Could war in Ukraine be a deathblow for nuclear power?

Vladimir Putin.
(Image credit: Illustrated | Getty Images, iStock)

Well, that was scary.

On Thursday night, Russian troops invading Ukraine attacked and then seized the nuclear power plant at Zaporizhzhia, briefly starting a fire amid the combat, which raised fears of a new Chernobyl-style radioactive disaster. Those concerns appear to be misplaced, at least for the moment: No radiation was released during the blaze. A lot of people were angry and anxious during those hours, though.

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The attack — along with Russia's capture of Chernobyl itself during the first days of the war — almost certainly complicates the arguments of those who see nuclear power as an important part of the effort to wean the world off Russian oil and gas, as well as those who hope to use it to decarbonize the world's energy supplies in order to slow down climate change.

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Simply put: Nuclear plants don't really belong in a war zone, do they?

Even before the Russian invasion, there had been a vocal subset of environmentalists who — perhaps counterintuitively — argued that nuclear plants should be part of the climate change agenda. The onset of war initially seemed to give more weight to the pro-nuke arguments. There was even some talk about reversing Germany's decision to shut down all of its nuclear plants. (The country's energy companies say it's too late to reverse the shutdown process in time to make a difference for next winter.)

"People who see nuclear as a part of the overall strategy for dealing with emissions and a way that that also reduces dependence on foreign suppliers are going to see in this a logic for keeping nuclear plants open and for building new nuclear plants in Europe," David Victor, a professor at UC San Diego, told CNBC.

The counterarguments were obvious: Chernobyl. Fukushima. Three Mile Island. Nuclear power has mostly been used safely, but when it goes bad it can go really bad. For most of the last 20 years, terrorism was the human-made problem that caused the most fear. Ukraine has woken us up to the threat of war itself.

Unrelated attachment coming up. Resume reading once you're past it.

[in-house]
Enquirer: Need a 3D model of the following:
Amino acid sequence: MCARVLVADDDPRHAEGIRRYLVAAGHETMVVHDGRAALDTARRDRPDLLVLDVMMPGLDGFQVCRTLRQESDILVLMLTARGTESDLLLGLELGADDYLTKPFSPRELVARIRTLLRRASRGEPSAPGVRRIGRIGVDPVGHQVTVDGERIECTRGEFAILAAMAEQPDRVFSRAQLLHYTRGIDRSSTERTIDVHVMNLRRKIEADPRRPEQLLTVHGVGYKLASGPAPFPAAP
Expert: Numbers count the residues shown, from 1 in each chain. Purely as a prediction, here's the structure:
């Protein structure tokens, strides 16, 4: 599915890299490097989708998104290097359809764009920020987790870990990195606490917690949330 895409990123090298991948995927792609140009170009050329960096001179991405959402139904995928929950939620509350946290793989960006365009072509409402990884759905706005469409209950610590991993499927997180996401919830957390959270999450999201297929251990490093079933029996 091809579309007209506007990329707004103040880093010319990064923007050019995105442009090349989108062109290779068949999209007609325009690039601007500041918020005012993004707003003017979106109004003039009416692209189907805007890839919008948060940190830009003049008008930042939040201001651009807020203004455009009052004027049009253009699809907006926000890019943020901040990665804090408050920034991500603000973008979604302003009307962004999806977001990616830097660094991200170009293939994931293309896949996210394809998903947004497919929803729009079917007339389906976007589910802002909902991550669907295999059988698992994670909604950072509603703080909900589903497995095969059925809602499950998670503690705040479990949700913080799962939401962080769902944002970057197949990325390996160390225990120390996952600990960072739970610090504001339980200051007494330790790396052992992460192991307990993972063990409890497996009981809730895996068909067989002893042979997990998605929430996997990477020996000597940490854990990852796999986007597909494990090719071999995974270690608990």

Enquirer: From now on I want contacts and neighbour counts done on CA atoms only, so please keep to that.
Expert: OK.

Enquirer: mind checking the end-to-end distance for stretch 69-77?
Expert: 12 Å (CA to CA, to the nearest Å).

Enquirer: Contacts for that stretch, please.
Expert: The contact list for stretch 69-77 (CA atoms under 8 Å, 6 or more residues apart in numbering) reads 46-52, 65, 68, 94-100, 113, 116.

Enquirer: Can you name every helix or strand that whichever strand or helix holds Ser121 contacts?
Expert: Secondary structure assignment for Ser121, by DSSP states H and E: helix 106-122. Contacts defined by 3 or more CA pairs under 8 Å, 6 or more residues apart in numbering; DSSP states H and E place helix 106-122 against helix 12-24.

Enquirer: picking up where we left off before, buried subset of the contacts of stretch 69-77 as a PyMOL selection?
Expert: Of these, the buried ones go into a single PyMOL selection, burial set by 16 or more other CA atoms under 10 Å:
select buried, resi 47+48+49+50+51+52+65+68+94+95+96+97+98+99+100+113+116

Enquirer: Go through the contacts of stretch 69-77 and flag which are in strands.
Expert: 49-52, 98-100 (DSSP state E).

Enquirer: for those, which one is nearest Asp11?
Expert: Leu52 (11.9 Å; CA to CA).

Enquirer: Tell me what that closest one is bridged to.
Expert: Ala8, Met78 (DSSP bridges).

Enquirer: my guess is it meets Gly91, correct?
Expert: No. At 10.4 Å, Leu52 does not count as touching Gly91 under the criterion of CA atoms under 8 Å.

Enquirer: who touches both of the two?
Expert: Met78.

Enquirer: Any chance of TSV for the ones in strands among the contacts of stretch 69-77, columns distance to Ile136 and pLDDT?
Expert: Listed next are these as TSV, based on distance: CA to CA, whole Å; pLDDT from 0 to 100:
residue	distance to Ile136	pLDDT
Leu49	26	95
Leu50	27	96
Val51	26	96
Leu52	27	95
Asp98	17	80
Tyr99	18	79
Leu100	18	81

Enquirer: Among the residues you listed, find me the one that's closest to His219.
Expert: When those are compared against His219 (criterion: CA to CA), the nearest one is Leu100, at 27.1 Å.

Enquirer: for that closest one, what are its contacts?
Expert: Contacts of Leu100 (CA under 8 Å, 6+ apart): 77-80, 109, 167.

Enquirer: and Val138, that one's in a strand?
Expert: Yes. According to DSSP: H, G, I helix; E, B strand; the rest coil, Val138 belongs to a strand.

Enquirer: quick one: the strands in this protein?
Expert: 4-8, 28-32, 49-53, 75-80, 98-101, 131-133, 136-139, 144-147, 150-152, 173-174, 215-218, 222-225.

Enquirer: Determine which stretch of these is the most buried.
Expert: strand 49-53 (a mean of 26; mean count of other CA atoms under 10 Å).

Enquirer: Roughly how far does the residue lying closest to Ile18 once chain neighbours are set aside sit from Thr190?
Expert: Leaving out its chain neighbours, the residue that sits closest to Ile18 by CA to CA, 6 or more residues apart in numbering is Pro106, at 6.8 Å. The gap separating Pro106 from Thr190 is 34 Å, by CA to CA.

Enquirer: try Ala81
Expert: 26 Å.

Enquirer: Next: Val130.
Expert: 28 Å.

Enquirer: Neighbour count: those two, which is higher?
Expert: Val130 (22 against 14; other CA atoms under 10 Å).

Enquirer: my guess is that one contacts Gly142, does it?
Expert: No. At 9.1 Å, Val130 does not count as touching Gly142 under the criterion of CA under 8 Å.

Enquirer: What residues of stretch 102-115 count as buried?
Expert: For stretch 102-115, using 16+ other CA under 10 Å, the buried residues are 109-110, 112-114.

The people running the Zaporizhzhia plant had actually given that possibility some hopeful thought years before the latest conflict.

"There is an assumption that in a situation of an internal conflict neither party will strike at a nuclear plant because of the senselessness of such actions — the consequences may be fatal, not only for those taking action, but also for the aims of the warring parties," Alexey Kovynev, a former shift supervisor and operator at the plant, wrote for Nuclear Engineering International in 2015. While the war with Russia isn't an "internal" conflict, the underlying logic of that assumption turned out to be less true than anybody hoped.

Which creates a problem for nuclear power. If the world is entering a new era of possible violence and instability beyond the conflict's borders — and even if the war ends next week, that might well be the case — putting more radioactive plants in harm's way is going to be a tough sell.

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Joel Mathis

Joel Mathis is a freelance writer who lives in Lawrence, Kansas with his wife and son. He spent nine years as a syndicated columnist, co-writing the RedBlueAmerica column as the liberal half of a point-counterpoint duo. His honors include awards for best online commentary from the Online News Association and (twice) from the City and Regional Magazine Association.